Attic Insulation Increases Energy Efficiency for a variety of reasons. In winter, a significant amount of heat is lost through the roof, which makes the attic an important area to insulate. In summer, heat gets trapped in the attic thereby heating up the wood beams. As a result, your home warms up and the air conditioning unit works harder.
Attic insulation works like a cap – it traps the heat inside, increasing comfort and efficiency and serving as the first line of defense when protecting against outdoor weather and temperatures.
In today’s world, the efficiency of home insulation is a science and so, of course, there’s a numerical system of measurement. The material’s ability to resist heat transfer is tracked with something called an R-value. As insulation becomes thicker and more effective, the R-value goes up. Not all insulations, however, are created equal when it comes to lower energy bills—even if they have a solid R-value. Take a look at the two most common types of attic insulation for hot climates:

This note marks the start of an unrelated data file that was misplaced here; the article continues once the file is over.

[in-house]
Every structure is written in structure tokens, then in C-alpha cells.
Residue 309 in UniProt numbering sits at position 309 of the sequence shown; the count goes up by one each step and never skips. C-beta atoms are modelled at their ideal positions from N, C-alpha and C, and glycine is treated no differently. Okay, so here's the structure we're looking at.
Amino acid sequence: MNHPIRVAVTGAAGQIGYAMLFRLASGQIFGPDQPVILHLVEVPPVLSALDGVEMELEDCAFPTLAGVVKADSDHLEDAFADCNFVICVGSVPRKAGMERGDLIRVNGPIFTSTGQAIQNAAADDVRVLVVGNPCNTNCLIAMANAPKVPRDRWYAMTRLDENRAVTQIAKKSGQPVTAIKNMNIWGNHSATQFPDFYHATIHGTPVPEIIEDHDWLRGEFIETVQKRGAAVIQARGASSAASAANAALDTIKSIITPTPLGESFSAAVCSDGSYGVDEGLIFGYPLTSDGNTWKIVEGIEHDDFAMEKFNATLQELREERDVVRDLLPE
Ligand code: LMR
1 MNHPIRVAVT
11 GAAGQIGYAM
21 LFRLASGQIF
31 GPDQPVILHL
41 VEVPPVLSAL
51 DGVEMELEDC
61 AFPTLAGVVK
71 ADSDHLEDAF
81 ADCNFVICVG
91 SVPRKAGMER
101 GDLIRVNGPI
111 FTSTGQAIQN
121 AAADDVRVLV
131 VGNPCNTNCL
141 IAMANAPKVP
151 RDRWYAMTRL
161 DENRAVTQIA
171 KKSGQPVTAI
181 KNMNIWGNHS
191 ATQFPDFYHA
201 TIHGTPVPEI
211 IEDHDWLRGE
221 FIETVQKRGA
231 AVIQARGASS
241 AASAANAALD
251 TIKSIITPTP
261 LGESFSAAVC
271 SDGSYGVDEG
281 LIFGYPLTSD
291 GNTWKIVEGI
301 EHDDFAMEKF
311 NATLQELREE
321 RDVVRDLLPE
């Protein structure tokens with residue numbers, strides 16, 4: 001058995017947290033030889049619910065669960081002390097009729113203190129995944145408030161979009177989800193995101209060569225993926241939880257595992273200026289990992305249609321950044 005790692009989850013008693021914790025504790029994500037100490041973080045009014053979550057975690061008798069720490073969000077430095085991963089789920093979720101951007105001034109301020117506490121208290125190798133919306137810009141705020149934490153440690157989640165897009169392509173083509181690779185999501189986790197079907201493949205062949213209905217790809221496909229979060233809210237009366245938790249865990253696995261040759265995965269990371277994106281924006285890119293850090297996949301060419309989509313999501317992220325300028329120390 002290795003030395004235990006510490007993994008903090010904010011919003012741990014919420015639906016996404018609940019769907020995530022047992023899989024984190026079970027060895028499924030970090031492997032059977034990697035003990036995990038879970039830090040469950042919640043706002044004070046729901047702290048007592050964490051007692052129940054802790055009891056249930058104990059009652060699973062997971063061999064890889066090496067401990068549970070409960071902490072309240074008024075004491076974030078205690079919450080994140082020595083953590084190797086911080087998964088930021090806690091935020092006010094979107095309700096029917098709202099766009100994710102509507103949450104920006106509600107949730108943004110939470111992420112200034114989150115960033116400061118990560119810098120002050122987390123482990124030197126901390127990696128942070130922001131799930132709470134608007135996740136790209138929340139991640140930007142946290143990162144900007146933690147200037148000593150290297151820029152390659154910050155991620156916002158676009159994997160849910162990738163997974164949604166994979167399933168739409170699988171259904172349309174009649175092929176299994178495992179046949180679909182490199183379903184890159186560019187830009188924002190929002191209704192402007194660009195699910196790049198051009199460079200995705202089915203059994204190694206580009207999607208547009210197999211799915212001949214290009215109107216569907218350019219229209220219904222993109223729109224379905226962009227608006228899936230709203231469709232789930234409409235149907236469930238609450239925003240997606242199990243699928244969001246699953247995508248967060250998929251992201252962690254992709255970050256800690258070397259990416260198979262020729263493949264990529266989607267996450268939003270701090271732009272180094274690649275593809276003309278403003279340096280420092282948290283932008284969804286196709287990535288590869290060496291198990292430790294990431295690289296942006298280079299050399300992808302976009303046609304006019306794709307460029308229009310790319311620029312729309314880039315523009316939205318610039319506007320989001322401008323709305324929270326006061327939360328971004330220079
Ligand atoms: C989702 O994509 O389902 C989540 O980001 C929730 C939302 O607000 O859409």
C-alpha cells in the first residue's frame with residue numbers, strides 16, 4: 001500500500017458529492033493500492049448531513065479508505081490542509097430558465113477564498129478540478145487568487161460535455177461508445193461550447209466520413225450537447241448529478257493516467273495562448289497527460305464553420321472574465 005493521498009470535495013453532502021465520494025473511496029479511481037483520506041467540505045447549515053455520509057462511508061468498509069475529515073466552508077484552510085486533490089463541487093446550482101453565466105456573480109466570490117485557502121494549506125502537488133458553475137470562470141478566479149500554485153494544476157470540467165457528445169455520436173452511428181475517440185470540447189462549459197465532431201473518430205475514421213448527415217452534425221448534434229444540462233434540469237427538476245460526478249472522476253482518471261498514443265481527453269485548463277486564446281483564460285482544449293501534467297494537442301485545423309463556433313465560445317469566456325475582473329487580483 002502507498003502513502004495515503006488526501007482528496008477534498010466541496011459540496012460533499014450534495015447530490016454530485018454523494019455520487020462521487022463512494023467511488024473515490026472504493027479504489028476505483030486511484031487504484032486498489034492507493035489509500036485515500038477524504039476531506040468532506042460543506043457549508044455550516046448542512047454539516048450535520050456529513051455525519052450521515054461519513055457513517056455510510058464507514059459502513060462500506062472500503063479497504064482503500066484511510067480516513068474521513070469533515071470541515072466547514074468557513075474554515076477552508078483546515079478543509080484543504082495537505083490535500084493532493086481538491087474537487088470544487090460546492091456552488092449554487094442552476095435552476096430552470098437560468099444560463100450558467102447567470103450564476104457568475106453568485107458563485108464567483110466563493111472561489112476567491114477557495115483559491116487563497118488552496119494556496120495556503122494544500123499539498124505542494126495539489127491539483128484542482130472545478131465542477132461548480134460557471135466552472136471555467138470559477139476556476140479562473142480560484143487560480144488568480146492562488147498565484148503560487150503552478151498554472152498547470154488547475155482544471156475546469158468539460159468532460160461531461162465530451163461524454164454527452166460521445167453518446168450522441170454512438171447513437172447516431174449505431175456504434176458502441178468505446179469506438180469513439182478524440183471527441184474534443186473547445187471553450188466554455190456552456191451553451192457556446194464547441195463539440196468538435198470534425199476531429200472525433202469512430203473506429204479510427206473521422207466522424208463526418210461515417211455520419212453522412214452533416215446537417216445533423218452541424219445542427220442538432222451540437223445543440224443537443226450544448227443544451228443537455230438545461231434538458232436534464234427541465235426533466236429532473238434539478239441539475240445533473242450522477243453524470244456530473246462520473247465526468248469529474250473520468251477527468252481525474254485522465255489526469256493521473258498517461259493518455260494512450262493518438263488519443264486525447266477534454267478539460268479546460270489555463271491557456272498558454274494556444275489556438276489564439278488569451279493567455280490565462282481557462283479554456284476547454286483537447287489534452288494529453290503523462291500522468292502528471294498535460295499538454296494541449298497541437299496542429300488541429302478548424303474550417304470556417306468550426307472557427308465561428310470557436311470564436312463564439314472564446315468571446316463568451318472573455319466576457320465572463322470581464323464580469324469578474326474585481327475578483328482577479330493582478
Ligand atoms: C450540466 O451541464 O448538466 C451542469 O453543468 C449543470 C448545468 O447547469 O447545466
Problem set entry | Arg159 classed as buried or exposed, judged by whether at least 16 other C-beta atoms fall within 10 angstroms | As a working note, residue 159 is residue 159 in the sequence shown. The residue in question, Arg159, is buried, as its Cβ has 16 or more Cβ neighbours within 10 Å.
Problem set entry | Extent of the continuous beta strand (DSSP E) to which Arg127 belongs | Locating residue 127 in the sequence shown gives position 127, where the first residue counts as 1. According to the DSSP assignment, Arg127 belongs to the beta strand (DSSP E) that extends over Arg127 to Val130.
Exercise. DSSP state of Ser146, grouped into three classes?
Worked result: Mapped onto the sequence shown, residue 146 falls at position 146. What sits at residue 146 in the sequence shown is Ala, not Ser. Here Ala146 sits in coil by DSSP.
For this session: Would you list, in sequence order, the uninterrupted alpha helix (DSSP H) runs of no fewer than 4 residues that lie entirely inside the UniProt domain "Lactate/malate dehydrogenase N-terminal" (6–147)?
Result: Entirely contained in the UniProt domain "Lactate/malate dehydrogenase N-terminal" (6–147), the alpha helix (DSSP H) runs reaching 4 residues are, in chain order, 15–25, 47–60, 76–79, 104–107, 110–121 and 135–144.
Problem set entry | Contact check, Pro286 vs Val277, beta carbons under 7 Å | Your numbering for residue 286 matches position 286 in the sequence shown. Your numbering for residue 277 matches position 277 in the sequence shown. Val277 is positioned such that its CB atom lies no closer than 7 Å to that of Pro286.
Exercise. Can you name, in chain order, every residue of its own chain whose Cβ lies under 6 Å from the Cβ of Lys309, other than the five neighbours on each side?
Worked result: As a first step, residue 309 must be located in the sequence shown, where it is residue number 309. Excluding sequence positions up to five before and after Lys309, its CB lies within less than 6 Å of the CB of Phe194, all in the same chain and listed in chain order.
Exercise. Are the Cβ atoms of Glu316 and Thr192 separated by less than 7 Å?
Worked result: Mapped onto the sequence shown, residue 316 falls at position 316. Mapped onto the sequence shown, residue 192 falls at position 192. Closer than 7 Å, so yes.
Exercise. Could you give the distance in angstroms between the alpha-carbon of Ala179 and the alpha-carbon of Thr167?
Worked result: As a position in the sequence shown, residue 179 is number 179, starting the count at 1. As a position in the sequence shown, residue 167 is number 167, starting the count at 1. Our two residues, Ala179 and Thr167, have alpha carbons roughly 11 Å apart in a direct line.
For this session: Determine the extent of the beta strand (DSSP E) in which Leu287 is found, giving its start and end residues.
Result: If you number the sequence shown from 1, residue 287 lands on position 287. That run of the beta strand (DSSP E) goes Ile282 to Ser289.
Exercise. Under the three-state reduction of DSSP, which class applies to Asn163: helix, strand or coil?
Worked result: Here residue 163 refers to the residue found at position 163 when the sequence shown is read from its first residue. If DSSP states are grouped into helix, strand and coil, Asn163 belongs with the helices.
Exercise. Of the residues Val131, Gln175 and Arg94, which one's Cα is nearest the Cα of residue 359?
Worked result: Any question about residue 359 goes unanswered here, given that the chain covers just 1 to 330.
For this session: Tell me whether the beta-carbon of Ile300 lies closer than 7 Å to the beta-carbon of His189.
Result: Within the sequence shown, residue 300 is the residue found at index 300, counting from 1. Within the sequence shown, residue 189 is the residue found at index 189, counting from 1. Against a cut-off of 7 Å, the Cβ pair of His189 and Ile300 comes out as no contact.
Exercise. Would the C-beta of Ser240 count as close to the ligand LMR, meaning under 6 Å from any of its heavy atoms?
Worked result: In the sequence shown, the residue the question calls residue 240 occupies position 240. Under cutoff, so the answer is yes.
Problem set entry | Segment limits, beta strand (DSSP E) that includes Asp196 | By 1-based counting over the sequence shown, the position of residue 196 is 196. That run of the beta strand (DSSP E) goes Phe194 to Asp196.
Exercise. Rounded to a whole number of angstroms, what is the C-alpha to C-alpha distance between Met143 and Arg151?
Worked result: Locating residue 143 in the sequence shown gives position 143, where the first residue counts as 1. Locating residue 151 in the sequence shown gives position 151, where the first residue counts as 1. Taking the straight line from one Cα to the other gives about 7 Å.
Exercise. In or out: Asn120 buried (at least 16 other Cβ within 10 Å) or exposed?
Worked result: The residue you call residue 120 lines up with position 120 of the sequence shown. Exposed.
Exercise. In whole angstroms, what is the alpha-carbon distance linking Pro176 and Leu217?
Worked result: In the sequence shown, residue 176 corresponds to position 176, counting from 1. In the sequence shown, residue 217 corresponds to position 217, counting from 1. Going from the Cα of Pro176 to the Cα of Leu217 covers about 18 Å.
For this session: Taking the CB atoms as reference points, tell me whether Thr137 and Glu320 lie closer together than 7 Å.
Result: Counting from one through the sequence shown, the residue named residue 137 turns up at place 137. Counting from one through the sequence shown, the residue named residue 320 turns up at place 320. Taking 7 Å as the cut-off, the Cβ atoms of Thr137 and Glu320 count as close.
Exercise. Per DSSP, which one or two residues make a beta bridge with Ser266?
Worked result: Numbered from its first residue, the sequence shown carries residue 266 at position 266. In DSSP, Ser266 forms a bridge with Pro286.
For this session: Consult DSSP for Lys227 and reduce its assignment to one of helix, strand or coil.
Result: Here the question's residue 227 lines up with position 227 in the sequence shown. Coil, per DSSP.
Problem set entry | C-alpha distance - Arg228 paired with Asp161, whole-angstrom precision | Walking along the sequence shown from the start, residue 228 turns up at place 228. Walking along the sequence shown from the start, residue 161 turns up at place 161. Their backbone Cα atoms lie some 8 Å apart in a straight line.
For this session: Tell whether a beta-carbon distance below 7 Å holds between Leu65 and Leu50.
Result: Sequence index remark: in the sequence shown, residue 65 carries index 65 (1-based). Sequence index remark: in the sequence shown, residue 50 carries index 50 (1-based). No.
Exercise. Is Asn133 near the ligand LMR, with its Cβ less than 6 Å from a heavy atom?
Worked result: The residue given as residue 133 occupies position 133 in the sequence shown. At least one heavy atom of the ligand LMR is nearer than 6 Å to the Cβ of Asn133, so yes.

Pink Fiberglass Insulation
This pink-colored material is the most common type of insulation because of its affordable price and efficient R-values. However, it does have some drawbacks. It tends to settle as it ages, meaning it becomes less efficient over time. It’s also prone to rips and tears so if a critter gets into your attic it could cause leaks and a broken seal.
Injection Foam Insulation
This type of attic insulation is installed via liquid foam pumped into the various spaces of your attic, regardless of shape, hardening after several seconds. Its flexible nature means that there will be no area left unsealed. It’s a bit more expensive than pink fiberglass insulation, but the average lifespan of injection foam insulation is about 80 years, compared to 10 to 25 for fiberglass, which means you’ll spend significantly less money over the life of your home.
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